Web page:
When Your Husband Stays Home to Raise the Kids
When either parent chooses to stay home to care for the children, it isn’t easy. Keeping up with your kids’ needs, taking care of household chores, shopping, taxiing, helping with homework, cooking...the list goes on. When your husband chooses to stay home to raise the children, however, social and emotional issues might make it tougher for him.
According to research by psychologist Robert Frank, author of The Involved Father, fathers usually choose to stay home because of one of the following reasons:
- not wanting to put the children in day care
- the working parent makes more money
Bear in mind that a father who is at home because of a layoff or disability might also find himself in the SAHD (stay-at-home dad) club. Whether by choice or by force, if your husband is the primary caregiver to your children, you both have to come to terms with his role, one that society still delegates to women. With the right attitude and support, he will do great and society will catch up to the times.
Unless he was raised primarily by his father, your mate doesn’t have experience to draw from as he takes on the roles of nurturer, shopper, cook, cleaner, etc. He might have watched his mother fill these roles while his father provided the major income for the family. Role reversal takes some time to get used to, perhaps for you both. Understand that your husband likely must cope with:
- guilt over not being the major breadwinner
- insecurity over the questions of masculinity in his new role
- feeling isolated and lonely
- awkward and insulting reactions to his unconventional position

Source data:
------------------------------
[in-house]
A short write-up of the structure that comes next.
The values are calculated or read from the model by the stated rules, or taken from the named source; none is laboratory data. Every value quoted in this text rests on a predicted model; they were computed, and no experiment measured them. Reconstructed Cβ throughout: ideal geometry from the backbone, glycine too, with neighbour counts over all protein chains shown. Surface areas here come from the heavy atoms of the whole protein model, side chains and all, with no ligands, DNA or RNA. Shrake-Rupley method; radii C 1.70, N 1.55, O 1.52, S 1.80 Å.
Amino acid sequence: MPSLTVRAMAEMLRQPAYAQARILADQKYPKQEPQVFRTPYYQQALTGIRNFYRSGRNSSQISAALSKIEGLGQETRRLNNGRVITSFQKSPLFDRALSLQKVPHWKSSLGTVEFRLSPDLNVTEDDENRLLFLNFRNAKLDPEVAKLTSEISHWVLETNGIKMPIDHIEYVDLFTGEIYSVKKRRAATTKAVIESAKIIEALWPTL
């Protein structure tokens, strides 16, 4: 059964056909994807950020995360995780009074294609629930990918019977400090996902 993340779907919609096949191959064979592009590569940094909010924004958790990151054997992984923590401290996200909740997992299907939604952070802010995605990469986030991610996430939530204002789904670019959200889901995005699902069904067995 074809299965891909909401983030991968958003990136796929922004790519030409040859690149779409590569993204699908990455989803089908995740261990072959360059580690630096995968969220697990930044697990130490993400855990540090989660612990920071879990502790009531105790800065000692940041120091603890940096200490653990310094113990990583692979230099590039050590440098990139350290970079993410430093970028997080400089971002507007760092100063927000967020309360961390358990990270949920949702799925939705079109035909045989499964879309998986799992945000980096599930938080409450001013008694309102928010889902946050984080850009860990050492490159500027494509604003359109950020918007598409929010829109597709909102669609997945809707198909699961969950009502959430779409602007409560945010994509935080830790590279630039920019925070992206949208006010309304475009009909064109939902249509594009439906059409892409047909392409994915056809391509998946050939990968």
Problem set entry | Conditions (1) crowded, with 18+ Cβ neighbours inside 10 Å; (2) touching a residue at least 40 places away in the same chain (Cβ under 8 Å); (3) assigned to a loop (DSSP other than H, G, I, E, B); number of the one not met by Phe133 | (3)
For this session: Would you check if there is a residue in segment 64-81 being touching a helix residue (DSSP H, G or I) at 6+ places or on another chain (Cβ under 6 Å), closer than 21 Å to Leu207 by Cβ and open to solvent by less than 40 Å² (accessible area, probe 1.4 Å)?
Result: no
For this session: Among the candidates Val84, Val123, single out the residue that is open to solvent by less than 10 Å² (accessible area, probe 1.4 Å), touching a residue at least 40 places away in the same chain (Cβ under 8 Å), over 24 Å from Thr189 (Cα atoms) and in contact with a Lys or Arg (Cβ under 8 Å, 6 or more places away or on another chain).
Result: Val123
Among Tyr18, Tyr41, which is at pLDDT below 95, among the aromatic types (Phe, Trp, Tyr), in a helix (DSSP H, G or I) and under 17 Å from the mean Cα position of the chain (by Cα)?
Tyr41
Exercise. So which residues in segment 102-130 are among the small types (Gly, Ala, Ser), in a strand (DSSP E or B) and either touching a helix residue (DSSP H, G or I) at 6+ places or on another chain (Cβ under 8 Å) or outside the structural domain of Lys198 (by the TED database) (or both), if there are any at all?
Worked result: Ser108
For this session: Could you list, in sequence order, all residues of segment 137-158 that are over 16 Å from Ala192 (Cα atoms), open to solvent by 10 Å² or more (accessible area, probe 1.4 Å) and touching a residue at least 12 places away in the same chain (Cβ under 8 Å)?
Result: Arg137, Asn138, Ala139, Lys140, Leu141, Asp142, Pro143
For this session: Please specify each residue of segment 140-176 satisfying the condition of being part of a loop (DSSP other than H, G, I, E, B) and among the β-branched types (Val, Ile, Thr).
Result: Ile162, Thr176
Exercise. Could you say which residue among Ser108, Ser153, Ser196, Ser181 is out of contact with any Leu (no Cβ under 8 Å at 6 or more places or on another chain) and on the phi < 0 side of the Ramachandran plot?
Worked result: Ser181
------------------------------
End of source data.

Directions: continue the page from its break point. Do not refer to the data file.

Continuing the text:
- the realization that he chose a very demanding job
You can help your husband by sympathizing with the emotions involved with taking on such a nontraditional role. You can also try the following:
- Share your own feelings, if applicable, of guilt and insecurity in your role.
- Make special dates for just the twoAS of you to affirm his masculine appeal.
- Encourage him to research SAHD support sites online and explore forming a play group with other fathers and their children.
- Help him brainstorm creative answers to “So what do you do?” or gentle rebukes to rude comments. Help him see the humor in whatever gets under his skin.
Working it out
As it dawns on your husband how physically and emotionally taxing child rearing and house tending are, you are learning how stressful it is for you to work full time and come home and pick up where he left off. The 2 of you have to work through the details of parenting, as do all couples, but you might have the added internal pressure to be “super mom.” Let go of what society says moms do and find out what best suits your children and your marriage.
Libby Gill, author of Stay-at-Home Dads, the Essential Guide to Creating the New Family, encourages couples in your situation to keep communicating and to agree on the details of who does what, for example:
- Will you shop for the children’s clothes or will he?
- Who will manage the finances?
- Does he feel the need to take on whatever he considers “masculine” tasks?
- Do you desire down time with the kids when you get home, or the nurturing tasks such as the bath and bed routines?
Sit down together and sort it all out and check in with each other regularly.
Parenting is tough enough, but you and your husband have added that little edge of unconventionality to make it even more adventurous. If you both have doubts about your arrangement, take comfort in research findings by Dr. Ron Klinger, founder of the Center for Successful Fathering. Children whose fathers are active and involved in their upbringing are:
- more successful in school
- less susceptible to peer pressure
- less likely to drop out of school or to get in trouble with the law
Robert Frank, who also writes for an online SAHD site called AtHomeDad.com, says research can add to your confidence by pointing out that your children more likely enjoy both a strong mother influence and a strong father influence in contrast to traditional homes where the father's work leaves him little time for the children. Have fun and congratulate yourselves for changing the traditional family as society knows it.
The Daddy Shift: How Stay-at-Home Dads, Breadwinning Moms, and Shared Parenting are Transforming the American Family by Jeremy Adam Smith. Beacon, 2010.
There When He Needs You: How to Be an Available, Involved, and Emotionally Connected Father to Your Son by Neil Bernstein and Brooke Lea Foster. Simon & Schuster Adult Publishing Group, 2011.
By Laurie M. Stewart
® 2003 Achieve Solutions